Scandal: Documents from Judicial Watch show that Hillary Clinton's closest advisers knew from the onset, before she launched an inflammatory video lie, that Benghazi was a terrorist attack for which Ansar al-Sharia claimed responsibility.
'Mrs. Clinton, name an accomplishment," Carly Fiorina, former Hewlett-Packard CEO and prospective 2016 GOP presidential candidate, asked Thursday at the annual Conservative Political Action Conference.
Last year, when ABC's Diane Sawyer asked the former secretary of state that question, Mrs. Clinton changed the subject, not even bothering to mention dodging sniper fire in Bosnia.
Nor is she likely to mention Benghazi, a place now synonymous with the failure of the foreign policy she helped orchestrate. Benghazi has become yet another example of why our friends don't trust us and our enemies don't fear us.
As we have noted, at 10:07 p.m. Washington, D.C., time on Sept. 11, 2012, Clinton's State Department issued a statement that read: "Some have sought to justify this vicious behavior as a response to an inflammatory material posted on the Internet. ... Let me be clear: There is never any justification for violent acts of this kind."
This was the origin of the lie that the Benghazi terrorist attack was caused by an Internet video offensive to Muslims.
It would be a lie Hillary Clinton would repeat to the parents of the Benghazi dead in front of their sons' caskets when they arrived at Andrews AFB.
It would be repeated by U.N. Ambassador Susan Rice on the Sunday talk show circuit and by President Obama no fewer than six times before the United Nations.
This was an all-too-quick and curious assignment of blame that flew in the face of information flowing to the State Department confirming a terrorist attack.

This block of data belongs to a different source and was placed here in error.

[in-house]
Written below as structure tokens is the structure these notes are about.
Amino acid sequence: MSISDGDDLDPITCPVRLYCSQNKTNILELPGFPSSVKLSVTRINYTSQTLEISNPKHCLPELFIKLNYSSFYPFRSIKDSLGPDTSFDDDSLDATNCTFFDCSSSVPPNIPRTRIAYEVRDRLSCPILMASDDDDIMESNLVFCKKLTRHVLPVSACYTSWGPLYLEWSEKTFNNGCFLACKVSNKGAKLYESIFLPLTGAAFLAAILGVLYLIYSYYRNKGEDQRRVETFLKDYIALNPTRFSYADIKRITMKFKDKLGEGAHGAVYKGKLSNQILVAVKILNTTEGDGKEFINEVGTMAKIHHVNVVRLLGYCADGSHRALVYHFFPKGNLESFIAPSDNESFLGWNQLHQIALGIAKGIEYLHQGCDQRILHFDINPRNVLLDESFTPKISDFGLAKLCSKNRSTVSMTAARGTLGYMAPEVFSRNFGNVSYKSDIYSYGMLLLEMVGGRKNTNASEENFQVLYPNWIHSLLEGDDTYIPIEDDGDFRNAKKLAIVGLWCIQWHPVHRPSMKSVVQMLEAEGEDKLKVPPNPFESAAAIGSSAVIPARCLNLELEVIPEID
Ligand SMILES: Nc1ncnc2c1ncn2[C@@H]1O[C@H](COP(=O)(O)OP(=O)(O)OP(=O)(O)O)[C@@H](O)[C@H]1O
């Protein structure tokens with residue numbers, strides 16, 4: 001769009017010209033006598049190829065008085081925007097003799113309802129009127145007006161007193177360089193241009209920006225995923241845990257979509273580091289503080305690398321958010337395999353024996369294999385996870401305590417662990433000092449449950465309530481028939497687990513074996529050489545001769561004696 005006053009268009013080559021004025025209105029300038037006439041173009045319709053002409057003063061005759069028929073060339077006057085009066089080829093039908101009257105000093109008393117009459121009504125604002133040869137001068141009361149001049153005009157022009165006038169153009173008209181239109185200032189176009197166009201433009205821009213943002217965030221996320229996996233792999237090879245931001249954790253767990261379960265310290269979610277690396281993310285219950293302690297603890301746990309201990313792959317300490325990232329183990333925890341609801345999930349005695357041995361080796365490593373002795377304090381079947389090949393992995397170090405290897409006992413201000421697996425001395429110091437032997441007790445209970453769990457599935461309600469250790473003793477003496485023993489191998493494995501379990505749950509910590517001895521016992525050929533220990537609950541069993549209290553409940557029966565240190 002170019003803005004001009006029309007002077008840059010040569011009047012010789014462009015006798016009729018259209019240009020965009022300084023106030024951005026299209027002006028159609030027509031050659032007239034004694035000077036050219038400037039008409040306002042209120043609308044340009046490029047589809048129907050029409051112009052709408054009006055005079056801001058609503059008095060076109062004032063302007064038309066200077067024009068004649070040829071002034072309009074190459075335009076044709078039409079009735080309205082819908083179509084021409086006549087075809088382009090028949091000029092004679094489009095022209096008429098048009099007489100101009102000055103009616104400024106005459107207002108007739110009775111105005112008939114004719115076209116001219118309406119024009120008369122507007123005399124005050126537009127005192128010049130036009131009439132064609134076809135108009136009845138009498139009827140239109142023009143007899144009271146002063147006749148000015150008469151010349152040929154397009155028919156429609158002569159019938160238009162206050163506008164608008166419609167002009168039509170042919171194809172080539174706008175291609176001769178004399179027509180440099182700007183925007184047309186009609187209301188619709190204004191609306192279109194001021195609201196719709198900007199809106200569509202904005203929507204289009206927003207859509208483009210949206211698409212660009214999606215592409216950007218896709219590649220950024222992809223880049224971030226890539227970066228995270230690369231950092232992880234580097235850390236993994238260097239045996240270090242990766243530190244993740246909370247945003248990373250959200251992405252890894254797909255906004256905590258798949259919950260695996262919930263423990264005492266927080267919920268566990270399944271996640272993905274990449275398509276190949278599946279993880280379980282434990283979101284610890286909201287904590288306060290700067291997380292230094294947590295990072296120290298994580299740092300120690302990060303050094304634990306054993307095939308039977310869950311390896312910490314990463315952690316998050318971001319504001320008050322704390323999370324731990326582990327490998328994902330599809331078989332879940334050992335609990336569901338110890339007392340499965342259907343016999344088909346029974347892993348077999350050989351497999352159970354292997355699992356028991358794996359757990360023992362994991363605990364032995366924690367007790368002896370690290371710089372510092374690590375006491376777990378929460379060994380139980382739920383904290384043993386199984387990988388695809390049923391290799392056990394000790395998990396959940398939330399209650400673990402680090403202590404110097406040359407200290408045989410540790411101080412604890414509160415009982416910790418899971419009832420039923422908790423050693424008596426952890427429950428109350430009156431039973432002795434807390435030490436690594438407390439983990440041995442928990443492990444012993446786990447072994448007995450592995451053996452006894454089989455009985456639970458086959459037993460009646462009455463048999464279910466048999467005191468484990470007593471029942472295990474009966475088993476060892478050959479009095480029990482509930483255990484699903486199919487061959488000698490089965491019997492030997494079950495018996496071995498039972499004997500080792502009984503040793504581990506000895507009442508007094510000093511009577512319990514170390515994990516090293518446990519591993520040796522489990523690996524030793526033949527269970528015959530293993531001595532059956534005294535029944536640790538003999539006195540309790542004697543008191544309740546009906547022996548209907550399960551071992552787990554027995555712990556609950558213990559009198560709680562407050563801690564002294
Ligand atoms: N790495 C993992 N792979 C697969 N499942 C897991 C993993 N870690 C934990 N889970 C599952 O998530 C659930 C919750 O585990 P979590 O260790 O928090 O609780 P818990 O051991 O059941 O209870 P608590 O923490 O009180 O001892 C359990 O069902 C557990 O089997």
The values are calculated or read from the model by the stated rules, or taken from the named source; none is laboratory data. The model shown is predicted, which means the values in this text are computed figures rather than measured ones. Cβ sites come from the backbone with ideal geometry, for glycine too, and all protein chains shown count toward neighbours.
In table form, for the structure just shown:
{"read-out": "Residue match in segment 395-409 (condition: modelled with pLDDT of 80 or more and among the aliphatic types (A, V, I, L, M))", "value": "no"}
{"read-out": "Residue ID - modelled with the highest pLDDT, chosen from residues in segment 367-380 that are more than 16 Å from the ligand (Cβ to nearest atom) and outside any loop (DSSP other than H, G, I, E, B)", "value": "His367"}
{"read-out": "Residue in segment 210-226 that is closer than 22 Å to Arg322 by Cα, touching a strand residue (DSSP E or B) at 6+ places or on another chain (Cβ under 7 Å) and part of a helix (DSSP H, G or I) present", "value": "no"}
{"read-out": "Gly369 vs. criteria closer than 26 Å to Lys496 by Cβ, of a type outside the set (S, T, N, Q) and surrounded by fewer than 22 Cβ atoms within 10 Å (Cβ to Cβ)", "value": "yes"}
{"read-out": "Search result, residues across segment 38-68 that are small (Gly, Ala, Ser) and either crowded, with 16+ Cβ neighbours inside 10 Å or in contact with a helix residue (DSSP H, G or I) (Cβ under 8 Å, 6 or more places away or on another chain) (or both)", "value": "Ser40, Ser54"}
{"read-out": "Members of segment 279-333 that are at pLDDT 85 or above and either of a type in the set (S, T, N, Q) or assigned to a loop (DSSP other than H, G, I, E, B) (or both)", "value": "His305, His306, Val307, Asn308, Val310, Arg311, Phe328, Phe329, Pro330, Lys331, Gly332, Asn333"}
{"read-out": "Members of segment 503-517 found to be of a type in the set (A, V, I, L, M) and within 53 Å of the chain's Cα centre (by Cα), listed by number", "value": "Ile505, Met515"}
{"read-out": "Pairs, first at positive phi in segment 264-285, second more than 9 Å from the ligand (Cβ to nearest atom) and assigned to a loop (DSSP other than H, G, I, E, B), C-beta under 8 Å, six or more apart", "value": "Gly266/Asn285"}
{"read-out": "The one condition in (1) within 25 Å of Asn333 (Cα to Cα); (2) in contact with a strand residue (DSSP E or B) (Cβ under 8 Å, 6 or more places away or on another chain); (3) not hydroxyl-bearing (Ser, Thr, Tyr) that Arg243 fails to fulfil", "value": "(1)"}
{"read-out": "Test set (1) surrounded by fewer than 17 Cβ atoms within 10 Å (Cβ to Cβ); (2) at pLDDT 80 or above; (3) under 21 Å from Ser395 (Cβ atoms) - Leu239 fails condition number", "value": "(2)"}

Last Thursday, Judicial Watch issued a press release announcing that on Feb. 11 it had "uncovered documents from the U.S. Department of State revealing that top aides for then-Secretary of State Hillary Clinton, including her then-chief of staff Cheryl Mills, knew from the onset that the Benghazi mission compound was under attack by armed assailants tied to a terrorist group."
The documents, obtained by Judicial Watch through a Freedom of Information Act lawsuit, make no mention of a reaction to an Internet video.
But they do contain references to an attack for which the al-Qaida-affiliated terrorist group Ansar al-Sharia had taken credit, information available to the State Department before it released the statement implicating a video.
On Sept. 11, 2012, at 4:07 p.m. Eastern time, Maria Sand, then-special assistant to Mrs. Clinton, forwarded an email from the State Department's Operation Center entitled "U.S. Diplomatic Mission in Benghazi is Under Attack" to Mills and other State Department officials, including Joseph McManus, then Clinton's special assistant.
That email read, in part: "The Regional Security Officer reports the diplomatic mission is under attack. Tripoli reports approximately 20 armed people fired shots; explosions have been heard as well."
There was no mention of any spontaneous protest beforehand.
Another email, sent at 6:06 p.m. on Sept. 11, 2012, to Mills and McManus with the subject line "Update 2: Ansar al-Sharia Claims Responsibility For Benghazi Attack (SBU)," said "(SBU) Embassy Tripoli reports the group claimed responsibility on Facebook and Twitter and call for attack on Embassy Tripoli."
Congressional and eyewitness testimony since has confirmed that while there was much information and knowledge from the outset that it was a terrorist attack, there was none — not even in any emails to and from Clinton's State Department — that a video played any part.
Hillary Clinton wrote a book called "Hard Choices" in which she could have come clean about the Benghazi tragedy. Instead, the choice she made was to protect her political future.
Meanwhile, we're still waiting, along with Carly Fiorina, for a list of Hillary Clinton's accomplishments.
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